"Different processes of changes in both parties led to the reification of identities and social boundaries. The origin of many of these developments can be traced implicitly or explicitly to the massacre of 1993," he said.

The state government granted 4 percent reservation in government jobs and higher education to the Manipuri Muslim community, especially for admission to professional study programs in Manipur. It could be called an acceptance of the Pangal's systemic persecutions. Nevertheless, it was never enforced.

Also, after 12 years of affirmative action policy, the number of first-class officials, second-class officials and third-class officials is far below 8.4 percent (the percentage of the Muslim population in Manipur).

Manipur’s total population in 2011 was 28,55,794, of which 2,39,836 were Muslims (including the non-Pangal migrant Muslims who came in the late 19th century or in the early 20th century to Manipur).

"The increase of Manipur’s total population around 4.94 times during 1951-2011 was slightly higher than that of the Hindus (3.4 times), lower than the Muslims (6.45 times).  The Christians added 17.24 times," Khan wrote.

The article also stated that the other parts of society took advantage of the violence of the state against minority Pangal Muslims and forced them to move away from their homes and shops, which violated the Universal Declaration of Human Rights (UDHR) principles and particularly Article 3, which said, "Everyone has the right to life, equality and security ...". In fact, Khan also wrote about the custodial death of a policeman in his article— ‘Mysterious’ Death of Policeman in Police Custody.

Not just Khan but many people have been arrested in Manipur within the first 10 days of April 2020. A human rights activist Takhenchangbam Shadishkanta was arrested on 1 April for suggesting a quarantine centre in an unused airstrip. Next day, the cops jailed Khangjrakpam Phajaton Mangang, along with Shadishkanta. Later, the chief of Imphal East police told a digital news outlet that, “Any X or Y cannot say like that about defence land.”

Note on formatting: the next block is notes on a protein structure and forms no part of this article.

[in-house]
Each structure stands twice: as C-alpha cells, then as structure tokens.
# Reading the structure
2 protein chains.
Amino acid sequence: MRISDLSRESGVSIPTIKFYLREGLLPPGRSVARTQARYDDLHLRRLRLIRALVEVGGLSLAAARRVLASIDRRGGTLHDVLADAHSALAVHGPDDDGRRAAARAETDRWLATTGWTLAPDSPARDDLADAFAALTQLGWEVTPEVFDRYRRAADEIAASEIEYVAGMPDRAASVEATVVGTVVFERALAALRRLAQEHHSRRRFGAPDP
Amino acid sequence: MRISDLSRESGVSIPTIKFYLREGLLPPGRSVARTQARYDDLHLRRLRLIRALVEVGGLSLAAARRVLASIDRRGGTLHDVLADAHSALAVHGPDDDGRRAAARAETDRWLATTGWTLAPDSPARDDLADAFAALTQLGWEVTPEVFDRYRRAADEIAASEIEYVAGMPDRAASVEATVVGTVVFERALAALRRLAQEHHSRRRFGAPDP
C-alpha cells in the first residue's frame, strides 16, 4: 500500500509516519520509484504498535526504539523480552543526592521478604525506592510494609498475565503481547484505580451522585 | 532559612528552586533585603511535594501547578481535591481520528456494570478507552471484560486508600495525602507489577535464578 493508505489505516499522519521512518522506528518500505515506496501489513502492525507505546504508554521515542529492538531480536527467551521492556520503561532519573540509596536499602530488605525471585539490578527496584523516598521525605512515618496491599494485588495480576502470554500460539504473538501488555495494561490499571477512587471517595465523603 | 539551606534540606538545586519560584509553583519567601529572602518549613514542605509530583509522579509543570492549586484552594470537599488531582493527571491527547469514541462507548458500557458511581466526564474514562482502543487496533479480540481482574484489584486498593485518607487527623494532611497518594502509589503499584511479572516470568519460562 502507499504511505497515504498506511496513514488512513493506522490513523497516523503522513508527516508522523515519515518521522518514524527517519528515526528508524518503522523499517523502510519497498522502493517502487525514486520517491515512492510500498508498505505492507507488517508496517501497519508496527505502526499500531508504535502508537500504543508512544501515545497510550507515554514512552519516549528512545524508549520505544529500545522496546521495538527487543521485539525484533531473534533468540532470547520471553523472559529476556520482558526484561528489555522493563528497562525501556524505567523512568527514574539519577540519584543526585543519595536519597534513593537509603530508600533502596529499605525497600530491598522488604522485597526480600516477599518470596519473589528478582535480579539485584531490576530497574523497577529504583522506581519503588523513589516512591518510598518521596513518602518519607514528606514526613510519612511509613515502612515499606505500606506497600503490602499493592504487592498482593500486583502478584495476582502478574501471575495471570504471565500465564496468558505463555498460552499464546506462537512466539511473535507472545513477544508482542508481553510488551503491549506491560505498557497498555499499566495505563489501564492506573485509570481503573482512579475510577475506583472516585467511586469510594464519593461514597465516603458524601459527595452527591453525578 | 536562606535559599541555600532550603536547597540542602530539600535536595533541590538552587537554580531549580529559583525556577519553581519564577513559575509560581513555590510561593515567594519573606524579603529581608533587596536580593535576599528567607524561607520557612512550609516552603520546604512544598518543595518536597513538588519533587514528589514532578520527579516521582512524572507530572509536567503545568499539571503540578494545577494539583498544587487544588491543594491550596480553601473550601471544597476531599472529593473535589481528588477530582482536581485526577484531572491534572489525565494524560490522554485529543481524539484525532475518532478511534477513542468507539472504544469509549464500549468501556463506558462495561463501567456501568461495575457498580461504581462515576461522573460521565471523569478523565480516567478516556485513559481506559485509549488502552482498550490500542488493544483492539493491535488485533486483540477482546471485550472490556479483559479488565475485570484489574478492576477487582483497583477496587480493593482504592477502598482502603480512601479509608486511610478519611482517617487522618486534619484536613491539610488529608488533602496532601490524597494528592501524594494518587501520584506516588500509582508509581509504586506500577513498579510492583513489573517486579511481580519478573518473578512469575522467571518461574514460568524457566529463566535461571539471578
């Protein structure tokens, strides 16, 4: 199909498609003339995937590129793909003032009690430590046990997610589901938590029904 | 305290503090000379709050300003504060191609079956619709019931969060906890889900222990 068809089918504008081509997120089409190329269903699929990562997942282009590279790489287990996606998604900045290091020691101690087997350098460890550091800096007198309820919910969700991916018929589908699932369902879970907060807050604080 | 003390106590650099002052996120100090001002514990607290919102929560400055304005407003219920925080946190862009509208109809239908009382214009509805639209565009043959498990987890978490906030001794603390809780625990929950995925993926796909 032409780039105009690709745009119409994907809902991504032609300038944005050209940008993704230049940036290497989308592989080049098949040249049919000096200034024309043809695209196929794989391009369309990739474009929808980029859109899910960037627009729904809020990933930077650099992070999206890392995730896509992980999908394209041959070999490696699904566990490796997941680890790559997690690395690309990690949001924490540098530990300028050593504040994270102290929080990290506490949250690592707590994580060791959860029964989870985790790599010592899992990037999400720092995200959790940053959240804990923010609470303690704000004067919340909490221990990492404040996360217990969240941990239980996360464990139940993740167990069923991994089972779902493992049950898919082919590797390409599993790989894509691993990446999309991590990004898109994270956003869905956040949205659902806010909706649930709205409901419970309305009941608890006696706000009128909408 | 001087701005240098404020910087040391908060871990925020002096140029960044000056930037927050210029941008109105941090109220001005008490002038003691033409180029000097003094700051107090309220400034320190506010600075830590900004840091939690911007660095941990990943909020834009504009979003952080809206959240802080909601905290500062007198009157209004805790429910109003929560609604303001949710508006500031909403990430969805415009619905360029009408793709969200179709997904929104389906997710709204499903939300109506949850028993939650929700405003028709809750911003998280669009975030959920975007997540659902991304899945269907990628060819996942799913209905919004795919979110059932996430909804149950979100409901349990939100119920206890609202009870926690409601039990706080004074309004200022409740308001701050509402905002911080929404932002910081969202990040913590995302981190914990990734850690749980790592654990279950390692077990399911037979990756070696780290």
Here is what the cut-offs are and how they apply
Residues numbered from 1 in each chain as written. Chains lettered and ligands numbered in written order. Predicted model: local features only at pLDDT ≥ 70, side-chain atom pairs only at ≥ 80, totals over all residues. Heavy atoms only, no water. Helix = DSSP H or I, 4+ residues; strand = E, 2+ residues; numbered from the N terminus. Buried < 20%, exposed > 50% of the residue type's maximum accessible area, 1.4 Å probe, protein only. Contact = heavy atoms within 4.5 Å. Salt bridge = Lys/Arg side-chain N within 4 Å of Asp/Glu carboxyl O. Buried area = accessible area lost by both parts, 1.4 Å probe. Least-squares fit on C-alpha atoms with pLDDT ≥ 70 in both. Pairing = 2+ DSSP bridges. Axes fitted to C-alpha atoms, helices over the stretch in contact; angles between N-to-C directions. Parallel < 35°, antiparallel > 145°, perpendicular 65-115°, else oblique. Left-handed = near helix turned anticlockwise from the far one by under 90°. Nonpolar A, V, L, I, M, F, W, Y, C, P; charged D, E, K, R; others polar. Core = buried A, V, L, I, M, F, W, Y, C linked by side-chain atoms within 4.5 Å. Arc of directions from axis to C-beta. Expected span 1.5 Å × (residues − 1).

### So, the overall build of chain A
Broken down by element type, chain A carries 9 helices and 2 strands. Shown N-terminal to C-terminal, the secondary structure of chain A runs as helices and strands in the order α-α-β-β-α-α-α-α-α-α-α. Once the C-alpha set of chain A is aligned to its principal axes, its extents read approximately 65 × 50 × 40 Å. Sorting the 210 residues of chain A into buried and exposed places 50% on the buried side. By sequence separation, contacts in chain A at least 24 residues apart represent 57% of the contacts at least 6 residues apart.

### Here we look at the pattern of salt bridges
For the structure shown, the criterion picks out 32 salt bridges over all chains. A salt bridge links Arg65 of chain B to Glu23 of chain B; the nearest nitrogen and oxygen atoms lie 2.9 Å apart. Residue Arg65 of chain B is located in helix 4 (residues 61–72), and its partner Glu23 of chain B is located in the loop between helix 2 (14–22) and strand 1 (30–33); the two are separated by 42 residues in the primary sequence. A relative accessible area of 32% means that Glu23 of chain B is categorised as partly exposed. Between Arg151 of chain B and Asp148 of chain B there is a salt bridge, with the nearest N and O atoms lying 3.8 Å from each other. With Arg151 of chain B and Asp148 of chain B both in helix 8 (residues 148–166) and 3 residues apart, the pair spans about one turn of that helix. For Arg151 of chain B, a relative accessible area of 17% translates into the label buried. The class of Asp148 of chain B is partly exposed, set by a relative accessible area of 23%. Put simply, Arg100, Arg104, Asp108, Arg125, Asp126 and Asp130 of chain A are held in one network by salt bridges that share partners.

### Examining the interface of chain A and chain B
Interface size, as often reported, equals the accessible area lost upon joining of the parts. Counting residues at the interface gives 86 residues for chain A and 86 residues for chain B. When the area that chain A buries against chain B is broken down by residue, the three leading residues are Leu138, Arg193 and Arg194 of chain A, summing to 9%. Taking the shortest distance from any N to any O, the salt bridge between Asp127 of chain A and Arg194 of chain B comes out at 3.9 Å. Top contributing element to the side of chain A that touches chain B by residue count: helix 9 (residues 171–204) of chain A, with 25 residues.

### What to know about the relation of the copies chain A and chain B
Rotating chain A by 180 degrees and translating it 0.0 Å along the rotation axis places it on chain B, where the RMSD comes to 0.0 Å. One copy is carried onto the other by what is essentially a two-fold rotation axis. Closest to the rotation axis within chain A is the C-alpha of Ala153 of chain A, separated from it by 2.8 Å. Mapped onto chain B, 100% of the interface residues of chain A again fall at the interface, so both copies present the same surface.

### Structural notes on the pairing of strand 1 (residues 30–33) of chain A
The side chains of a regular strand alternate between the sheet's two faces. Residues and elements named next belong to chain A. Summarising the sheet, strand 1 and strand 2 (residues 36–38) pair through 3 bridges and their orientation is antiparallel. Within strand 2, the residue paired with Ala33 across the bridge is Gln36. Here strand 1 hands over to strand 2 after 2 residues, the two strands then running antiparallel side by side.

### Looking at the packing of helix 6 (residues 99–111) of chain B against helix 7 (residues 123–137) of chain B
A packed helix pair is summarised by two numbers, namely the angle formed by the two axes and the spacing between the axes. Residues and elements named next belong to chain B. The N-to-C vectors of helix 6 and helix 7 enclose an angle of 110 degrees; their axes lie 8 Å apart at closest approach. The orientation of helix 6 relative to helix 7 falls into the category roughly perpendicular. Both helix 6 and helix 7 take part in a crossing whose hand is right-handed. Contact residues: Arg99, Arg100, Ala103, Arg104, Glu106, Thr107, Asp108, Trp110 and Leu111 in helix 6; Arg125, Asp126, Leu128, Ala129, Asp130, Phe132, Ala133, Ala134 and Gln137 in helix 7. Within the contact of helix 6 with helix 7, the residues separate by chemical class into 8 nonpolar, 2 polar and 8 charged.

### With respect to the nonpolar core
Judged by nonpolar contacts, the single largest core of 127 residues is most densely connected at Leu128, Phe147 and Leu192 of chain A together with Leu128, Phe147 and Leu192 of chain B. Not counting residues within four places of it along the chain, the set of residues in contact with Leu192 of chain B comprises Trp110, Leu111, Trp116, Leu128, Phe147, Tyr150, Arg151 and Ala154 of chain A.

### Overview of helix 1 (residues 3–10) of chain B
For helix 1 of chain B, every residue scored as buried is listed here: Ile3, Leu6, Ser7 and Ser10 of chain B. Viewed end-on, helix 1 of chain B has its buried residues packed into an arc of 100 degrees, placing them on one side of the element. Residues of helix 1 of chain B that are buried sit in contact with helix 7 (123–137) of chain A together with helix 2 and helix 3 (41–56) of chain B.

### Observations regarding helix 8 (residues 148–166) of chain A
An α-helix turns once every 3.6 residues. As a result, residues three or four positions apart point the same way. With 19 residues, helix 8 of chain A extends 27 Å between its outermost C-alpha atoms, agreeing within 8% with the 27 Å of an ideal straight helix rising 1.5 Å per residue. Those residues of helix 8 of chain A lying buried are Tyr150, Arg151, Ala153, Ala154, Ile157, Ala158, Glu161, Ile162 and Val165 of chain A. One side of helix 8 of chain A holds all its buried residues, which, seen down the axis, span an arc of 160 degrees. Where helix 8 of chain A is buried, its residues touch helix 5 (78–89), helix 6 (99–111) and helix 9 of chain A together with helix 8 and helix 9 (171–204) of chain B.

Konsam Victor Singh, an employee at a government-run college was jailed for asking, "Does anybody know how much has Chief Minister Biren contributed to the CM COVID-19 relief fund?" in a Facebook post, which he was asked to delete.

On 3 April, Laifungbam Debabrata Roy, a rights activist and a public health physician, was jailed for a Facebook post which read: “The present Manipur Chief Minister, especially at this time of crisis, should desist from wasting State resources, time and personnel in carrying out any personal political agenda or vendetta. It demeans and belittles the position occupied and the responsibility that entails.”

While others were released or out on bail, Khan continued to be incarcerated. Many demanded his immediate release including Delhi Association of Manipur Muslim Students. It released a statement quoting S Rangarajan v. P Jagjivan Ram case wherein the Supreme Court of India said, "...open criticism of government policies and operations is not a ground for restricting expression... In democracy, it is not necessary that everyone should sing the same song.”

Korimayum Joneyziaur Rahman, the general secretary of North East Students' Association of Jamia Millia Islamia said, "There is no seditious or communally inciting element in  the article."

Baboo said, "curbing freedom of expression" is a tool towards undemocratisation of society and that "sedition is unconstitutional".

JNUSU president, Aishe Ghosh tweeted a photo of Chingiz holding a book Genghis Khan, authored by Ralph Winston Fox, the British journalist known for his biography of Genghis Khan.

She said in a hashtag "release Chingiz Khan". The All Manipur Muslim Organisations’ Coordinating Committee also demanded his unconditional release. Change.org drove a campaign seeking his release. Numerous organisations of students around the country condemned his arrests and demanded an immediate release.

This is not the first time that a Manipuri scholar or a journalist has been put behind bars. An Imphal-based journalist Kishorechandra Wangkhem was slapped with the National Security Act for criticising the chief minister.

A student leader Veewon Thokchom was slapped with sedition. In his bail, the high court found no sufficient ground to give ‘prima facie’ for charges slapped against him.

Ironically, the current Chief Minister Nongthombam Biren Singh himself was into journalism and began a vernacular daily Naharolgi Thoudang in 1992 and worked as its editor till 2001.